Boston Herald | Op-Ed| April 18, 2011

Old North Bridge over the Concord River at Sunset, Minute Man National Park, Concord, Middlesex County, Massachusetts

 

By the rude bridge that arched the flood,
Their flag to April’s breeze unfurled,
Here once the embattled farmers stood
And fired the shot heard round the world.

— Ralph Waldo Emerson

Today, Massachusetts celebrates Patriots’ Day. In towns across the commonwealth, crowds will gather for parades of marching bands, scout troops and public officials. In Lexington and Concord, Redcoats and Minutemen will reenact the events of April 19, 1775, and that legendary march to the North Bridge.

The festivities would make Paul Revere proud. But Revere would roll over in his grave if he knew that “the shot heard round the world” and the battle that put Concord on the map receive minimal attention in Concord’s elementary schools.

Remarkably, many “enlightened” Massachusetts towns have for years flagrantly ignored the Massachusetts History and Social Science Curriculum Frameworks.

Adopted in 2003, the frameworks detail not only the skills that students need to master but the content they should study.

The third grade learning standards, foir example, state that students should be able to “explain the political, economic, and military developments leading to and during the American Revolution,” including the Boston Tea Party, the battles of Lexington and Concord and the Battle of Bunker Hill.  They also call for third-graders to study the lives of Massachusetts patriots. Yet, it is a safe bet that more Massachusetts children have read biographies of sports legends Ted Williams or Tom Brady than of founding fathers John Adams or John Hancock.

Many schools — if they teach history at all — ignore the framework’s emphasis on Massachusetts founders and the political relevance of events and focus instead on social history, such as colonial cooking and Native American crafts.

Why? Because many educators today regard the study of our revolutionary past as politically incorrect (too many “dead white males” and too much emphasis on war).

They reject the notion that public schools should teach kids to think of themselves as Americans united by a common past and a common purpose. Instead, they teach kids to think of themselves as members of distinct racial and ethnic groups and as global citizens without any national identity at all.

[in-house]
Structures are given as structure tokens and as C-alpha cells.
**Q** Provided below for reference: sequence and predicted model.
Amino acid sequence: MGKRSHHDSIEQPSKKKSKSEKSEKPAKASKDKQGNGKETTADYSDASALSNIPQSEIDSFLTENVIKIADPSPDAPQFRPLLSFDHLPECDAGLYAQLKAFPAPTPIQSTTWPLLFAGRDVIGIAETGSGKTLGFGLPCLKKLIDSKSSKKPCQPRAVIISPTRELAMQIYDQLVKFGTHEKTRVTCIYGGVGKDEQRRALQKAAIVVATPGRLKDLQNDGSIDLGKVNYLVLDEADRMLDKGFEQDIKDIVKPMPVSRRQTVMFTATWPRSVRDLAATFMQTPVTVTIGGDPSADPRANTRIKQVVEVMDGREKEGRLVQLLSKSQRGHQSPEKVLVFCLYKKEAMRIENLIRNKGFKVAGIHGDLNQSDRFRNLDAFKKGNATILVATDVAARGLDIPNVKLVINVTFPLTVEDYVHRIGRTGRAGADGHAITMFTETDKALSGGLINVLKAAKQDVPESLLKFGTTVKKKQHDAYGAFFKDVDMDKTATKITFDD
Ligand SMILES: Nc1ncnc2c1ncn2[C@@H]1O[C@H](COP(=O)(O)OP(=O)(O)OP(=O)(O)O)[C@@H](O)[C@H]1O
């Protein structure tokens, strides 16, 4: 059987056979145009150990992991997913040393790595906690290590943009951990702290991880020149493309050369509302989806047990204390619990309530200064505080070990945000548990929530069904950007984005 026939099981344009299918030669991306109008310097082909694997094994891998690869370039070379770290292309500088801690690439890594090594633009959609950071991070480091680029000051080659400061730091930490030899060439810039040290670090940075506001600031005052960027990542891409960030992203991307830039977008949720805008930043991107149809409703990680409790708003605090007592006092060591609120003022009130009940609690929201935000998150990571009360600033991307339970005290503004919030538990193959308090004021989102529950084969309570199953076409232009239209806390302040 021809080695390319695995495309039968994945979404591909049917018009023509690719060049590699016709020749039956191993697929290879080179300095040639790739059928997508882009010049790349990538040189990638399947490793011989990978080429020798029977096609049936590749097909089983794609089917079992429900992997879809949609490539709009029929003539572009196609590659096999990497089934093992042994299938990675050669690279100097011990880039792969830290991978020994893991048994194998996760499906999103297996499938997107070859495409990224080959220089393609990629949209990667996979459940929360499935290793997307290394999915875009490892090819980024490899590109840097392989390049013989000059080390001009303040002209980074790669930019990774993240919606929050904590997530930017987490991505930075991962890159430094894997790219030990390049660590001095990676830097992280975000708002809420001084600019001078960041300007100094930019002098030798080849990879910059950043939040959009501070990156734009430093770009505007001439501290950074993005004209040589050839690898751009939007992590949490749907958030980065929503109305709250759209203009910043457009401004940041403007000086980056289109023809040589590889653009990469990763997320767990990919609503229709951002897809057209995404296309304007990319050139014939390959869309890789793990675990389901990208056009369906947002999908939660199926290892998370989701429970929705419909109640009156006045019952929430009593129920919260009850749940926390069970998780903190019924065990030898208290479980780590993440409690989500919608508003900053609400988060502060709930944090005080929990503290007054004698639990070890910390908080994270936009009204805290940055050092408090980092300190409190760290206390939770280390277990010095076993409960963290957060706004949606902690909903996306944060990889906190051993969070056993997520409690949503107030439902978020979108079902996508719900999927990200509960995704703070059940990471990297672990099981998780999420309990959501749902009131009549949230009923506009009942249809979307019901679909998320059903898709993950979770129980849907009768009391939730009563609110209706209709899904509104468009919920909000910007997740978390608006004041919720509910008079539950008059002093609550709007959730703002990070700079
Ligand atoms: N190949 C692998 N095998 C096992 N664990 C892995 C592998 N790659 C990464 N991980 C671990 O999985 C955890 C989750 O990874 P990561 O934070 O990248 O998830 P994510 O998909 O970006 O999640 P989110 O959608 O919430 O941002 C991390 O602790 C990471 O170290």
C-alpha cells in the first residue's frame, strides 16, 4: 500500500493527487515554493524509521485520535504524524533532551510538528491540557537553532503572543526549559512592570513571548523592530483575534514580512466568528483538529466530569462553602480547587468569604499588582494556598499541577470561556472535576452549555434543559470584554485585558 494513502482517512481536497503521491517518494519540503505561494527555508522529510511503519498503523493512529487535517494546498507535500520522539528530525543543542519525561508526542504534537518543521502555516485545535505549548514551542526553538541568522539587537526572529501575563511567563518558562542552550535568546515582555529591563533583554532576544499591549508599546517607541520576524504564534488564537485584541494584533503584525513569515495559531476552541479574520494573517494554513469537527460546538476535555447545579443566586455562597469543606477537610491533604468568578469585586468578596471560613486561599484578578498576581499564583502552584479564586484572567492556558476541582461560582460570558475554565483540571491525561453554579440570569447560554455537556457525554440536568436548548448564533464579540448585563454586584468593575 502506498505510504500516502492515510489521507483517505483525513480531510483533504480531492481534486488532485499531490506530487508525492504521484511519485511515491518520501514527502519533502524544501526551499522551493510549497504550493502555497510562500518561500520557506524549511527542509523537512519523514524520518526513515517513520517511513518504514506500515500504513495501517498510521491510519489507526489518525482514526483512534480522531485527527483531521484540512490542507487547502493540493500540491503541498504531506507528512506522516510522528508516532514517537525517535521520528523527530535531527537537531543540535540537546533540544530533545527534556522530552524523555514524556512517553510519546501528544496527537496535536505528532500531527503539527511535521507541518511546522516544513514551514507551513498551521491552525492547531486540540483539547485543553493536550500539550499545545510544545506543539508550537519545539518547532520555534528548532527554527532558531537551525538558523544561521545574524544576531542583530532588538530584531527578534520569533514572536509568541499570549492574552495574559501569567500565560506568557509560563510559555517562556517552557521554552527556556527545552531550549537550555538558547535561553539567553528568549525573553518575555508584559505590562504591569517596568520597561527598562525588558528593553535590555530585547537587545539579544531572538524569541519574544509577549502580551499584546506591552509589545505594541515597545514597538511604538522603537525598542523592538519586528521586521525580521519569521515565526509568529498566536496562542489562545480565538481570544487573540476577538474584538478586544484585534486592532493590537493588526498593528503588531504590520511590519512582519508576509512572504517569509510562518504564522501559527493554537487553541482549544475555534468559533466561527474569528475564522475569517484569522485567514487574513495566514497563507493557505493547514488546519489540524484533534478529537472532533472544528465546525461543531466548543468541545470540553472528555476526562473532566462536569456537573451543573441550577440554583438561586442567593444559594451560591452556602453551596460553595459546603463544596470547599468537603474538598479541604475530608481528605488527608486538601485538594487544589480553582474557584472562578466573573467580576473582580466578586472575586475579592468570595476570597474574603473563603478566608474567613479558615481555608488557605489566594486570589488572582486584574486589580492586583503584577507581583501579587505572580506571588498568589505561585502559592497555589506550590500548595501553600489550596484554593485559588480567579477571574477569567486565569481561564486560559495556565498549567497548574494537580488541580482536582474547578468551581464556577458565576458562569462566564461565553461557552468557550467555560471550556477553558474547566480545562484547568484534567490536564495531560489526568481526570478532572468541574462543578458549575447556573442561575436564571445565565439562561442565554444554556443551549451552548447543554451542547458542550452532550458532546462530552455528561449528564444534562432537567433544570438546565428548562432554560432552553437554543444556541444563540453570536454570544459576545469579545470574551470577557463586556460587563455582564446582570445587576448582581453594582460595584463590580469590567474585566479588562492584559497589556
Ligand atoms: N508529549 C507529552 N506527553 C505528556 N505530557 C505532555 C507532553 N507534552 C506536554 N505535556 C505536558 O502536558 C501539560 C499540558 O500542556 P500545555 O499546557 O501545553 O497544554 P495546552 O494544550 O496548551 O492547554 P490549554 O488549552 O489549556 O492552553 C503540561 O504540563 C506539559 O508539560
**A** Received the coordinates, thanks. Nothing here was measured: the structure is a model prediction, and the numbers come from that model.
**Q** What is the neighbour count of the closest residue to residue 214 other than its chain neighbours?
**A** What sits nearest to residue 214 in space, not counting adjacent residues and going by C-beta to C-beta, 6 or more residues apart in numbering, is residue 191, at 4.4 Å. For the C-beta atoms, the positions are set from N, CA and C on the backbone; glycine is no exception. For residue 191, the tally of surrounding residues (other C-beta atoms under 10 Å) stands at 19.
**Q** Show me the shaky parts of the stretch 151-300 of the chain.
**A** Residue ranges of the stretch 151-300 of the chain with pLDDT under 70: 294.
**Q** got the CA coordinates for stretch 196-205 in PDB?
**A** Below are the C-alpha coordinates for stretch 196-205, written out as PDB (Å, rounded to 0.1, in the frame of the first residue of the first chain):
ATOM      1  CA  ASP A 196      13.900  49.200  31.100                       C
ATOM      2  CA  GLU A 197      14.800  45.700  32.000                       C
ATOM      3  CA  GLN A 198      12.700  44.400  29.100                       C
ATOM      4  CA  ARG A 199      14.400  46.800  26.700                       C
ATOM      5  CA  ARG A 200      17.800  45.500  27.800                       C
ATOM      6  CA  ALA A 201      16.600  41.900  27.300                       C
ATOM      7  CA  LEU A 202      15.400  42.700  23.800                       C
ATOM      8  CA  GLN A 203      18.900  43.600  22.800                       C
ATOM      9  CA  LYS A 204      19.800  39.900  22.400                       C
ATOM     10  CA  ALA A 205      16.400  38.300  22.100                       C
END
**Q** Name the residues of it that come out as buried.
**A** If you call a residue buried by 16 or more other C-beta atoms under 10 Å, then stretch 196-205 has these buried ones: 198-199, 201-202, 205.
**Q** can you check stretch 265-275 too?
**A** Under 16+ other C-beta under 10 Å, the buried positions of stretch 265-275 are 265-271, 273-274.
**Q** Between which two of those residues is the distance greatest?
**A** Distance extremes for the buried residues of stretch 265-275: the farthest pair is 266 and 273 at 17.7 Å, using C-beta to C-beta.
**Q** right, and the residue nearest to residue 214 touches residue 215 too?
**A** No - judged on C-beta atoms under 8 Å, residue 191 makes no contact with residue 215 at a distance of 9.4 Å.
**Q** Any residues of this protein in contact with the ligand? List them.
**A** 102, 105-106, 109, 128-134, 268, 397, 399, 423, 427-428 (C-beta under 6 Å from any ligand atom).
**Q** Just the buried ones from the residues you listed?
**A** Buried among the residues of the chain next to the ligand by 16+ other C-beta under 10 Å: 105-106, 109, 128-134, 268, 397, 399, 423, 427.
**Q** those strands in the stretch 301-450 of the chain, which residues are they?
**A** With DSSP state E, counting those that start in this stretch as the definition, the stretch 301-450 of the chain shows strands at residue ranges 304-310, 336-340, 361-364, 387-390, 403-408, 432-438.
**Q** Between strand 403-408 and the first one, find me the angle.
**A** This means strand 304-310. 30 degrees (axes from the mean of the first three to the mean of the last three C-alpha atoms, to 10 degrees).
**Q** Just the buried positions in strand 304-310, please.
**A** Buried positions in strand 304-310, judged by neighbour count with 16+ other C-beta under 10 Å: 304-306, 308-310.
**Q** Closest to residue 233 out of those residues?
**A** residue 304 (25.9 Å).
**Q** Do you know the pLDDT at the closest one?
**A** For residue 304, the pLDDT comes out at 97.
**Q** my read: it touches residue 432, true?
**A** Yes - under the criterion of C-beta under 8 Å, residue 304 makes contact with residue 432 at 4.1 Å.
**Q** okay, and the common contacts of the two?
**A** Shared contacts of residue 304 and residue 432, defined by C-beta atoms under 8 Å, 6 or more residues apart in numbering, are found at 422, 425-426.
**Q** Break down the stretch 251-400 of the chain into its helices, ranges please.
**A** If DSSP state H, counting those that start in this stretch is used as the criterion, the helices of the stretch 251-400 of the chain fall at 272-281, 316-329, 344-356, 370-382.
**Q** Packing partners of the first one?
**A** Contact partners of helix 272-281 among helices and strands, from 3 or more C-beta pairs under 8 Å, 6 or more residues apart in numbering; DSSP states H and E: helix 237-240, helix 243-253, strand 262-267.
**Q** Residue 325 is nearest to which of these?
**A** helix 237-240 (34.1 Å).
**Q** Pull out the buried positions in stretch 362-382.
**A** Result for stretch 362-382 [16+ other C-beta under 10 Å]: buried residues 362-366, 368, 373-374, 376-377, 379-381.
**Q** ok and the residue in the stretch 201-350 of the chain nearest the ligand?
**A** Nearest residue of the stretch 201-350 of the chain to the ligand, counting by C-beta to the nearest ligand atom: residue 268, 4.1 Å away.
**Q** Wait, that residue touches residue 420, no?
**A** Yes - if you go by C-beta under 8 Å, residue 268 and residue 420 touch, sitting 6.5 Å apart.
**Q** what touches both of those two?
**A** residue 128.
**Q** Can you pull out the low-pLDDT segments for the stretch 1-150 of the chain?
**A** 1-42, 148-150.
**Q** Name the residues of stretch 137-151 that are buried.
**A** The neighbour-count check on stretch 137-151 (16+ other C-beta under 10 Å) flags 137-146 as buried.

But the failure to teach American political history has practical, as well as ideological, roots.

With limited hours in the day, teachers inevitably prioritize those subjects for which they will be held accountable (mostly math and English Language Arts). When it comes to history, the state frameworks simply have no enforcement mechanism.

Although the state began to pilot tests for history, the Board of Elementary and Secondary Education in 2009 voted to postpone implementation of a 10th grade history MCAS graduation requirement, citing budgetary constraints.

Unfortunately, for those who care about history education, matters are only going to get worse.

Last summer, Gov. Deval Patrick agreed to scrap our best-in-the-nation curriculum frameworks in favor of the academically weaker national “Common Core” standards. Shockingly, the watered down national standards focus only on skills and do not require schools to teach any particular body of knowledge. Without state pressure to teach American revolutionary or political history, public schools in liberal communities like Concord will likely now abandon any pretense of doing so.

The failure to teach our children the story of America is, of course, more than a local problem. It is a national embarrassment. But it is particularly ironic that here, in the birthplace both of American public education and of American liberty, many schools never teach students why a rag tag group of farmers were willing to risk their lives for freedom from political tyranny.

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